Key Factors That Will Make or Break the Indians 2016 Season
By Mike Lopresti
August 1, 2016 – So what’s August good for – besides sweating?
Clarity, for one thing. After a grinding and often trying season. It’s crunch time for the Indians, with several questions to answer by Labor Day. Such as:
They ended July five games behind Columbus in the International League West with 35 left to play…is there a pennant race to come, or a final month of futile chasing, like a greyhound after the mechanical rabbit?
They exited July with a 55-54 record, after a dreary 1-2 series against last-place Norfolk…can they finish with the sixth consecutive winning season, which would make Dean Treanor – now No. 3 on the franchise managerial victory list — 6-for-6?
On the last day of July, Josh Bell was fifth in the league in hitting and third in RBI, even amidst a slump…can he reheat and become the first Indianapolis batting champion in 27 years, or the first RBI champion in 39?
Frank Duncan had seven wins…can a right-hander who started the season in Double-A Altoona, while the young horses in the Indians rotation drew gobs of attention – not to mention summonses from Pittsburgh — actually end up leading the team in victories?
Danny Ortiz has had four walk-off hits, the most recent on July 29 in the 12th inning…will he get even more Gatorade dumped on his head?
Willy Garcia led the lead with 12 outfield assists…can he finish, officially, as the man most dangerous to try to take an extra base against?
The Indians pitching staff had thrown 15 shutouts…is breaking the Victory Field era record of 16 a foregone conclusion?
Indianapolis already has sent up 10 players to Pittsburgh to make their major league debut. “Must be a record,” Treanor mentioned…how many more will go east through the gushing pipeline to PNC Park?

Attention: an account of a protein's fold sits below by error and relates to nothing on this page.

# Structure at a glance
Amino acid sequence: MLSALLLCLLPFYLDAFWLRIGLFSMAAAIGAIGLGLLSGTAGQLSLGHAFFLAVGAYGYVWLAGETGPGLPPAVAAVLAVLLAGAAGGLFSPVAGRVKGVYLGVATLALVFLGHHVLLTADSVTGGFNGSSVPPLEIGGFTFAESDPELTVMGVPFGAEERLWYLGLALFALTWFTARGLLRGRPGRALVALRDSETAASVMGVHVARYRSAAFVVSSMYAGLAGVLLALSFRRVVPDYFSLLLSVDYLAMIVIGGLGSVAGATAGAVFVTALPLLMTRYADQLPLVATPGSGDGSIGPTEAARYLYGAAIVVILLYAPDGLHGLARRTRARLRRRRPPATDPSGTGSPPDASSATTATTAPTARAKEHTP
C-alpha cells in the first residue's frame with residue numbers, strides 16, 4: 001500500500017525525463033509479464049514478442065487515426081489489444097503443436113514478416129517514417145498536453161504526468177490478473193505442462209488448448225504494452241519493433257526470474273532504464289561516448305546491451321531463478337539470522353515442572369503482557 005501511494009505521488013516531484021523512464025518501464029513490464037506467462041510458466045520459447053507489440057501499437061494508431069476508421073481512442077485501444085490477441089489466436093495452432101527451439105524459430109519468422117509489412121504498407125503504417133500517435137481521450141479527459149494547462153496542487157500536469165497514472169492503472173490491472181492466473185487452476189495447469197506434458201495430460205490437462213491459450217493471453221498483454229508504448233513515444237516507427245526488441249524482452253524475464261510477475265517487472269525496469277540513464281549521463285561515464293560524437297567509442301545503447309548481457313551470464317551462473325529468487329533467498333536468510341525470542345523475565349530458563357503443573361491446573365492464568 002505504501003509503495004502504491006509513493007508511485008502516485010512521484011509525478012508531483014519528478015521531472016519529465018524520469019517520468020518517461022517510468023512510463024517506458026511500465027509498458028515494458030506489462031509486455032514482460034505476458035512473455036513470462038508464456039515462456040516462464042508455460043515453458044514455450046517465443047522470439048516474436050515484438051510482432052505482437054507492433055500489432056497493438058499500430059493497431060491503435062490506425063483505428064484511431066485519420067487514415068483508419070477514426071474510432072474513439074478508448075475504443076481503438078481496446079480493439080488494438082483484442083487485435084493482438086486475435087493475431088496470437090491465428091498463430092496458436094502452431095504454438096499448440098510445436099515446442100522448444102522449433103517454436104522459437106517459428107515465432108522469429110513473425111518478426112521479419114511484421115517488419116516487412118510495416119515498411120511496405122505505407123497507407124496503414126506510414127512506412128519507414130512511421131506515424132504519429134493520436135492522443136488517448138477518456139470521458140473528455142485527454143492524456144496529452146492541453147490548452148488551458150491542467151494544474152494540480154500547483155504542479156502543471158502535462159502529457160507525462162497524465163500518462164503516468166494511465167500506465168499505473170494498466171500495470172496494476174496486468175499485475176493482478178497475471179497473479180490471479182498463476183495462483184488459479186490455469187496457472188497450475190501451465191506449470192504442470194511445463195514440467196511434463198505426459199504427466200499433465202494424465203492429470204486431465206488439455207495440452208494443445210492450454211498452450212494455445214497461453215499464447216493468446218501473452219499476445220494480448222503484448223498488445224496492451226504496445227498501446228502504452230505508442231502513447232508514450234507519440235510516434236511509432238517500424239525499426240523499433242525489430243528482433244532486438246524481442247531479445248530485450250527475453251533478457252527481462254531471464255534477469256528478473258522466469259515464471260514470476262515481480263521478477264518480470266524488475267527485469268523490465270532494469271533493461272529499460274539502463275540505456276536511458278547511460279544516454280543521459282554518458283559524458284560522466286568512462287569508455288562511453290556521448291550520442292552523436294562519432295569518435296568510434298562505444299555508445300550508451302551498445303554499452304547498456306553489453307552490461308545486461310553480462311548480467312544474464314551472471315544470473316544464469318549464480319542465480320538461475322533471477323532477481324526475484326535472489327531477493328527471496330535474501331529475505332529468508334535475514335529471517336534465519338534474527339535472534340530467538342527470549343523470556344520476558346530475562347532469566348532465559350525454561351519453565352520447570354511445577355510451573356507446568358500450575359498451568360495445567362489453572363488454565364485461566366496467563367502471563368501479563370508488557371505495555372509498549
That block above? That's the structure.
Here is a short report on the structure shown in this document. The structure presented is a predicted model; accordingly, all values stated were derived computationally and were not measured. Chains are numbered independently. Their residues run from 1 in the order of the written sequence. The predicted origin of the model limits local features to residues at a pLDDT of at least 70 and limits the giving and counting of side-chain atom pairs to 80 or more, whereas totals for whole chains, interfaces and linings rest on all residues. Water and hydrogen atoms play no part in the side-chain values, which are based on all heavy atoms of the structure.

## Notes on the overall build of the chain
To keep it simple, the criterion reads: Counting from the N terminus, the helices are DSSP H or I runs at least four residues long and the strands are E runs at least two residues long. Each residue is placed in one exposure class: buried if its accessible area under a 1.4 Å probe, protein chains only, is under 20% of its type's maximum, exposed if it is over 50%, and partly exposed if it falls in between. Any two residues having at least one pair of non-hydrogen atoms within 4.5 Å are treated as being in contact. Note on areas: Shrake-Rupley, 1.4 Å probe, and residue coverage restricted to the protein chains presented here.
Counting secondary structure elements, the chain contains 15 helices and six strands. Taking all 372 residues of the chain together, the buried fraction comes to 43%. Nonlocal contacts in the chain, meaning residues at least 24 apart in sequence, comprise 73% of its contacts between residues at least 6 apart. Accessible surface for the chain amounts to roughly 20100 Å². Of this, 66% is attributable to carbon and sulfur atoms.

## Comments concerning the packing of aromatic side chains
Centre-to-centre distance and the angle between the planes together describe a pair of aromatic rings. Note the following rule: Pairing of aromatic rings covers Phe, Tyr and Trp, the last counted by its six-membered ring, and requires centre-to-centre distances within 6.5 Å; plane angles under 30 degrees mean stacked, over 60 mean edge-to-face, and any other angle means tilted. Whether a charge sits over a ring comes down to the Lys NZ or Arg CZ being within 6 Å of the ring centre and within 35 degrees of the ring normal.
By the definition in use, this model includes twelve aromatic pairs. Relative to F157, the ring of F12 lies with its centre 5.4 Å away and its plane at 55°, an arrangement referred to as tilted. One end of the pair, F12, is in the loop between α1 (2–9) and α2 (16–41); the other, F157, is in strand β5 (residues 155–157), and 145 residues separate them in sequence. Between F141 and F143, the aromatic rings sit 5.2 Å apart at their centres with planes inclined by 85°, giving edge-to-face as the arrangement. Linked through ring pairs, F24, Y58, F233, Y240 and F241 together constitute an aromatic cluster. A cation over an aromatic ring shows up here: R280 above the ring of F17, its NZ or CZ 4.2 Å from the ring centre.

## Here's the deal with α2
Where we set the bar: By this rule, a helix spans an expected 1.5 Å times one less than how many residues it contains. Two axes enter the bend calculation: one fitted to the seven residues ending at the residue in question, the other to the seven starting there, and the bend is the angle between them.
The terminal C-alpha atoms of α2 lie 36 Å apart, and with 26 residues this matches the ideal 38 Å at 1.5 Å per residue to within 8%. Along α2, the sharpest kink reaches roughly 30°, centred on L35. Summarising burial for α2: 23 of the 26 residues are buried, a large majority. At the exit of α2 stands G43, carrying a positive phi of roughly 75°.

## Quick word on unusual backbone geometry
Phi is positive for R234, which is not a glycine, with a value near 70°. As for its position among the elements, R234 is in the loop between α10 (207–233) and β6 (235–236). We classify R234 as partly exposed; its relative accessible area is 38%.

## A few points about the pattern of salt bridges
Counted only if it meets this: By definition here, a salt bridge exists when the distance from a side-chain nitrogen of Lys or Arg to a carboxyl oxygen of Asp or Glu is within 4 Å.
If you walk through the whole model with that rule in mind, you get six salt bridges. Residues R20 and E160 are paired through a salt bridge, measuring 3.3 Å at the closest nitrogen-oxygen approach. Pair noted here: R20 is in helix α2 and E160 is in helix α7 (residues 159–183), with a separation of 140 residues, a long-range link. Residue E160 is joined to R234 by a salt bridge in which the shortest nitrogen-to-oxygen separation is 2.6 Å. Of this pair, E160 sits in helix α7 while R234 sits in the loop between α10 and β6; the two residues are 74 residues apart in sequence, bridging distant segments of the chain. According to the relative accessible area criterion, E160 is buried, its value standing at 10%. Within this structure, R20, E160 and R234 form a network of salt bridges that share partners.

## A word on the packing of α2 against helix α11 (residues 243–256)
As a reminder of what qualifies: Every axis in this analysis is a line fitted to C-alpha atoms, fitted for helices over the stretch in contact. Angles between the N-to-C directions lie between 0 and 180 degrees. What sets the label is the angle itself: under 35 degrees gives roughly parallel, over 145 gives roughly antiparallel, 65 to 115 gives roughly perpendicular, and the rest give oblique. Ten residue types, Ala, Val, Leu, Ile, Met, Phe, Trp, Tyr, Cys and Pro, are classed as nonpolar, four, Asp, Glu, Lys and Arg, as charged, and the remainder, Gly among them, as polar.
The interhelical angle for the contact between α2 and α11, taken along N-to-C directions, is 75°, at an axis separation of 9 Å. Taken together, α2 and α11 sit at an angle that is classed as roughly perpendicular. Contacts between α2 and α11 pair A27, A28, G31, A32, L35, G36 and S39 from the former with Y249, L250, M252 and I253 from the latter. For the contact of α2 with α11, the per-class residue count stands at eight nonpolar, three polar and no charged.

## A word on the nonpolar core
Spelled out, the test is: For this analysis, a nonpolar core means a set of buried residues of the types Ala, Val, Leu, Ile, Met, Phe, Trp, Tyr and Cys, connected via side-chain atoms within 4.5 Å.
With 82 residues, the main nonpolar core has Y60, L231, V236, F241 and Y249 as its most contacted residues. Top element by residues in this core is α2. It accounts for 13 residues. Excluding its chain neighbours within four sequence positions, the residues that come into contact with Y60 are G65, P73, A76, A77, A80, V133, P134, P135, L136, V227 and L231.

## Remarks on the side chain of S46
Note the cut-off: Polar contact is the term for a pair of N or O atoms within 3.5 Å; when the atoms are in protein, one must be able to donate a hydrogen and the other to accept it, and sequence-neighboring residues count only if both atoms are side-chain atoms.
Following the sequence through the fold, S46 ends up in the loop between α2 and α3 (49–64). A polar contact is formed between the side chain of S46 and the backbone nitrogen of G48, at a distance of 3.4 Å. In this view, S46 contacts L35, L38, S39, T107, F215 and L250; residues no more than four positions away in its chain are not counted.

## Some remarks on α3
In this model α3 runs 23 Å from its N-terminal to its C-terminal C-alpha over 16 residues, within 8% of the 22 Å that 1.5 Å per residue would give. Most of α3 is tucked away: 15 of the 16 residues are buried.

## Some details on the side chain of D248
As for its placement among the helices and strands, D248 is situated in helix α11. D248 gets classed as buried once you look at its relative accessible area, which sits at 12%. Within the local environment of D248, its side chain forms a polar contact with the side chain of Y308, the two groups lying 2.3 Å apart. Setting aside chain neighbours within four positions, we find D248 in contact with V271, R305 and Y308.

Alen Hanson had 30 stolen bases…does he repeat for the second consecutive year as the most prolific thief in the International League (though he shared the title last year)?
All that ought to keep the Indians occupied through the dog days.
“One of the things we’re going to talk about, that month of August, it can be a great month,” Treanor said. “Or it can be a month where you just drag coming to the field.”
Great or a drag; there’s the issue on the table for August. Here are eleven things that could help decide.
#1 – Stay large in the Clippers’ rearview mirror
Indianapolis is in Columbus for four games starting Aug. 1, with three more in Victory Field later in the month. There is a now-or-never whiff in the air. “We have to make a statement that we’re going to be a factor in this,” Treanor said.
#2 – Last call for the offense
In the final 13 games of July, the Indians averaged two runs a night. That has been a chronic problem, and one reason why an Indianapolis team second in the league in ERA has had to fight to stay above .500, which is counter to baseball logic.
“If we want to make a run, we have to be better than that,” Treanor said.
The pitching rarely wastes support. Through July, the Indians had scored at last four runs in 52 games. They won 40 of them.
“It’s easy to press. It’s easy to say I’m going to hit this four-run home run right now, and nobody’s on,” Bell said. “It’s easy to say I’m going to take this game into my own hands. I feel like we have the right mentality. I feel like we have the right game plan. It’s just turning the page from this last month and getting after it this next month.”
#3 – Put a bandage on that ghastly 12-22 record in one-run games.
“You have to take care of those close games,” Treanor said. “And when you don’t that means it’s a bullpen issue, or it means you can’t score late.”
To wit: The Indians have lost 10 games when leading after six innings. When trailing after six, they are 2-39.
#4 – Play well against Louisville, since the Indians have 13 games left with the Bats.
“Which we have a tendency not to do, no matter what they’re doing,” Treanor said. Indy is 6-7 against Louisville this season.
#5 – Pirates? What Pirates?
Player curiosity deepens about what opportunities might be ahead, given trade deadline moves, September call-ups, and the constant comings-and-goings with Pittsburgh. A sure sign of that, according to Treanor, is how often he sees his guys on their cell phones.
“They’ve got more rumors than I do,” he said. “I think it’s natural. They know scouts are in the stands. I think they try to do a little too much. There’s a lot of dynamics going on here.”